- There is rarely a convenience store open after 10pm, even in the cities, so your sudden dying thirst and lack of water filter? Gonna have to wait til morning to buy a bottle of water. Or Doritos. Sorry.
- Here, the word for strawberry is frutilla not fresa.
- Chocolate is it’s own food group here, rightfully so considering that this is now thought to be the origin of cacao, the fruit from which chocolate is made (see: the name of this site!).
- Mayonnaise–Ecuador’s dominant condiment– along with most other liquids (mustard, milk, ketchup, local beverages, etc.), comes in a bag when it is sent to restaurants or bought in large quantities at the supermarket.
- Almuercitos (lunches) are very serious business here, and most every establishment has offerings ranging from $2-$4 a meal, depending on type/presence of meat. The general agreement is that a true almuerzo completo comes with jugo, postre, arroz, menestra y carne or pollo (juice, dessert, rice, lentil stew and some type of meat), and a good price is $2.50. Everyone is disappointed when they come into the cafe and we don’t have almuerzo options, but rather a fixed menu. Some of them try to convince us to just cook up something special… which never works. I would not recommend trying that, especially if it’s because you are trying to spend less money.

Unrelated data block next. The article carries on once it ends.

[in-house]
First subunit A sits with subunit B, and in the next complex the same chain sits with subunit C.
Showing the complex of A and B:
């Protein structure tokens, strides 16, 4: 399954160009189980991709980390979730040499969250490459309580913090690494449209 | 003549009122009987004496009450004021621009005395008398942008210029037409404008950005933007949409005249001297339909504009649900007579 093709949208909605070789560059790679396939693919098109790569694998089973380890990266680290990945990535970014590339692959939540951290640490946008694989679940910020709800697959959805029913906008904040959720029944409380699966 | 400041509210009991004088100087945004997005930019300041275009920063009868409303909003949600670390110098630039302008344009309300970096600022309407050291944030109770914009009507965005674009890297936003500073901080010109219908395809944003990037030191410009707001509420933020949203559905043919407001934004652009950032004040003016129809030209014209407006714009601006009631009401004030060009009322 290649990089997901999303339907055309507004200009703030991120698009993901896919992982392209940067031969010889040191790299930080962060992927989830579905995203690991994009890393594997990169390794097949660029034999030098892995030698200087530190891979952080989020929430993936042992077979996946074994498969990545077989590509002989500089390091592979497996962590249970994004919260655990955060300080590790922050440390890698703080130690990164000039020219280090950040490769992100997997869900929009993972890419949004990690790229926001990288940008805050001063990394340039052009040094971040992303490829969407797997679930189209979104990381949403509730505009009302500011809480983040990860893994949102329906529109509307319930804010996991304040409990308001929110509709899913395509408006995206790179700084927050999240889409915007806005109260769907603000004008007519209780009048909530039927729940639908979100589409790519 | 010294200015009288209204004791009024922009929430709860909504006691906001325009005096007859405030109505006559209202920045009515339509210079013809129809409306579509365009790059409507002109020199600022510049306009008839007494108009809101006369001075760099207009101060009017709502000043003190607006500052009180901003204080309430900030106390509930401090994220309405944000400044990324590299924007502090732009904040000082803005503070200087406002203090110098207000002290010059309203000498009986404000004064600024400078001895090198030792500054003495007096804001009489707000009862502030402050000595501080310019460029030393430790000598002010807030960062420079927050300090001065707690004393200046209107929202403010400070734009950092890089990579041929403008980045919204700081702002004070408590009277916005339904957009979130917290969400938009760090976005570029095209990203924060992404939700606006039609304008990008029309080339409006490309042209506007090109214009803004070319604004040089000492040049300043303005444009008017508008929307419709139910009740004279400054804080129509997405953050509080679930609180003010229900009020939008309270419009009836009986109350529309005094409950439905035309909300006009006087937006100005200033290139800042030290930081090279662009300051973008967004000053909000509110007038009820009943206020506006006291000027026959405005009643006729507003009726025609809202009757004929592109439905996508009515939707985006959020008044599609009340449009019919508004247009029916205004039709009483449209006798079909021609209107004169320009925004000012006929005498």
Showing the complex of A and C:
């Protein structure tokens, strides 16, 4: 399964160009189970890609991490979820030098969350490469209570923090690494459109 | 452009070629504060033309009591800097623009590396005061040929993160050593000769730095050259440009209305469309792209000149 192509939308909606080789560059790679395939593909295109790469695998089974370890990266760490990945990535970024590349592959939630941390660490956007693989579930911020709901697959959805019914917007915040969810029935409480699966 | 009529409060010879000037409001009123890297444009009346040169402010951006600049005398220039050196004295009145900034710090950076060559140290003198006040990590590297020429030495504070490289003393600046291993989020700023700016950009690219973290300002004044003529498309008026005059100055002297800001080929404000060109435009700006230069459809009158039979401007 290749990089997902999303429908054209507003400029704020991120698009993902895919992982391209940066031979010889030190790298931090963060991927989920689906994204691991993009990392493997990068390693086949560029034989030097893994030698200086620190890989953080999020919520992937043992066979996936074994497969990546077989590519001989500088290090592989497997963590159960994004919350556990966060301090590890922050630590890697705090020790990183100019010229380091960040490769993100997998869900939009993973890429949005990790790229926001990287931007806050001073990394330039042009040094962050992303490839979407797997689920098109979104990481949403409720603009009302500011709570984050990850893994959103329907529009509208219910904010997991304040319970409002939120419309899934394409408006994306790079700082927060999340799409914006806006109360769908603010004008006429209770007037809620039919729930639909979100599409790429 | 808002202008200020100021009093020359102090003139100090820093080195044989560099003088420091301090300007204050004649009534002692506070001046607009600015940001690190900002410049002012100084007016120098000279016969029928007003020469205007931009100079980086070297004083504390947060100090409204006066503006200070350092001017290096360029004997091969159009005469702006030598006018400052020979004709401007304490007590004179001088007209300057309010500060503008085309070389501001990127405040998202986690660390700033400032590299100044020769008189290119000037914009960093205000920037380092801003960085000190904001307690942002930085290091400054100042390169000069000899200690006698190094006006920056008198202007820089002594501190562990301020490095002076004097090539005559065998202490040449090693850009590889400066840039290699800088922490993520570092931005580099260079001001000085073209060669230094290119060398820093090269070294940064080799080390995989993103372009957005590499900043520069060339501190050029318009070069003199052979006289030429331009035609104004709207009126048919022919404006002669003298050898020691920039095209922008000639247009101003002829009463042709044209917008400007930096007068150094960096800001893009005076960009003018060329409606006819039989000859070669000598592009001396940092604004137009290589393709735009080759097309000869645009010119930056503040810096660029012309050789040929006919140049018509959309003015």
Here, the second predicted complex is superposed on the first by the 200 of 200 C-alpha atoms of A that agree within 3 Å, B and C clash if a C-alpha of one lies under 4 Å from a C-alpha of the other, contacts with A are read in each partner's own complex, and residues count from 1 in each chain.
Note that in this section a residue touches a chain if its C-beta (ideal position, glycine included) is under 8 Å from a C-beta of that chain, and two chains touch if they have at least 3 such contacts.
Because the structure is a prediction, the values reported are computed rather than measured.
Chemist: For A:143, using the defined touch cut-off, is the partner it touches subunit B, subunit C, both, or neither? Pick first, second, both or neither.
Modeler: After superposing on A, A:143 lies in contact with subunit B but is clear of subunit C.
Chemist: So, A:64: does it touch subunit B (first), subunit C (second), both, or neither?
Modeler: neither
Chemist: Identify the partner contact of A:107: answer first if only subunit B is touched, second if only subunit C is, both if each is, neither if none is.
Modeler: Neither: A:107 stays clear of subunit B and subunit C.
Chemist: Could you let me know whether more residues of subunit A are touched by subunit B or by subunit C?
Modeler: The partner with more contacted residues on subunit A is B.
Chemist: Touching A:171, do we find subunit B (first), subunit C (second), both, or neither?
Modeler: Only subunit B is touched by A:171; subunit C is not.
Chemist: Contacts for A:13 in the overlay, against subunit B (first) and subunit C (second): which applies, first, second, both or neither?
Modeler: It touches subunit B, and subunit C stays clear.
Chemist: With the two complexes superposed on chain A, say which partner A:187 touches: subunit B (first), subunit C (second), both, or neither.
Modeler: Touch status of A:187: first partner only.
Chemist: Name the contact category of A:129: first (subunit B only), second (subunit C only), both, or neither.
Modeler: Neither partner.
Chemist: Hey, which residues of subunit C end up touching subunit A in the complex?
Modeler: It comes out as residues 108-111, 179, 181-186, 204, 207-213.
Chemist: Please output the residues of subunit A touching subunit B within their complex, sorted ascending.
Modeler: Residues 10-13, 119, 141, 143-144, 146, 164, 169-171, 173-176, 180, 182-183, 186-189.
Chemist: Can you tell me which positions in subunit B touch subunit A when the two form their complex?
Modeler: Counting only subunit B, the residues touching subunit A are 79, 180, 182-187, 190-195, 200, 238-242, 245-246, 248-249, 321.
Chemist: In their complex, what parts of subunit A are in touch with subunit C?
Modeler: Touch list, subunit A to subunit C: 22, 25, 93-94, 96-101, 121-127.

- When at a restaurant, it is customary for the patrons to wish each other buen provecho, or “good meal,” whenever someone’s food arrives. It is especially common when a group leaves the restaurant for them to say it to their neighbors, even if their neighbors are also about done eating.
- Ají (their word for hot sauce made from local peppers) goes well on anything, and is available on every table in Ecuador. Heat level varies, so try it before you pour a generous helping.
- Soft serve ice cream! It’s not hard to find and it’s actually pretty good, but there are some weird imitators (fruit flavored oils whipped up to look like whipped cream and then piled onto an ice cream cone) so look for the soft-serve machine or ask to try some of the stuff in the case. Ecuador also has a traditional method of making ice cream, called a paila.
- Batidos & jugos (smoothies and juices) are everywhere, usually made with fresh fruit from the market, but sometimes made with frozen pulp. It’s worth asking if the “jugos son hechos con pulpa o fruta fresca?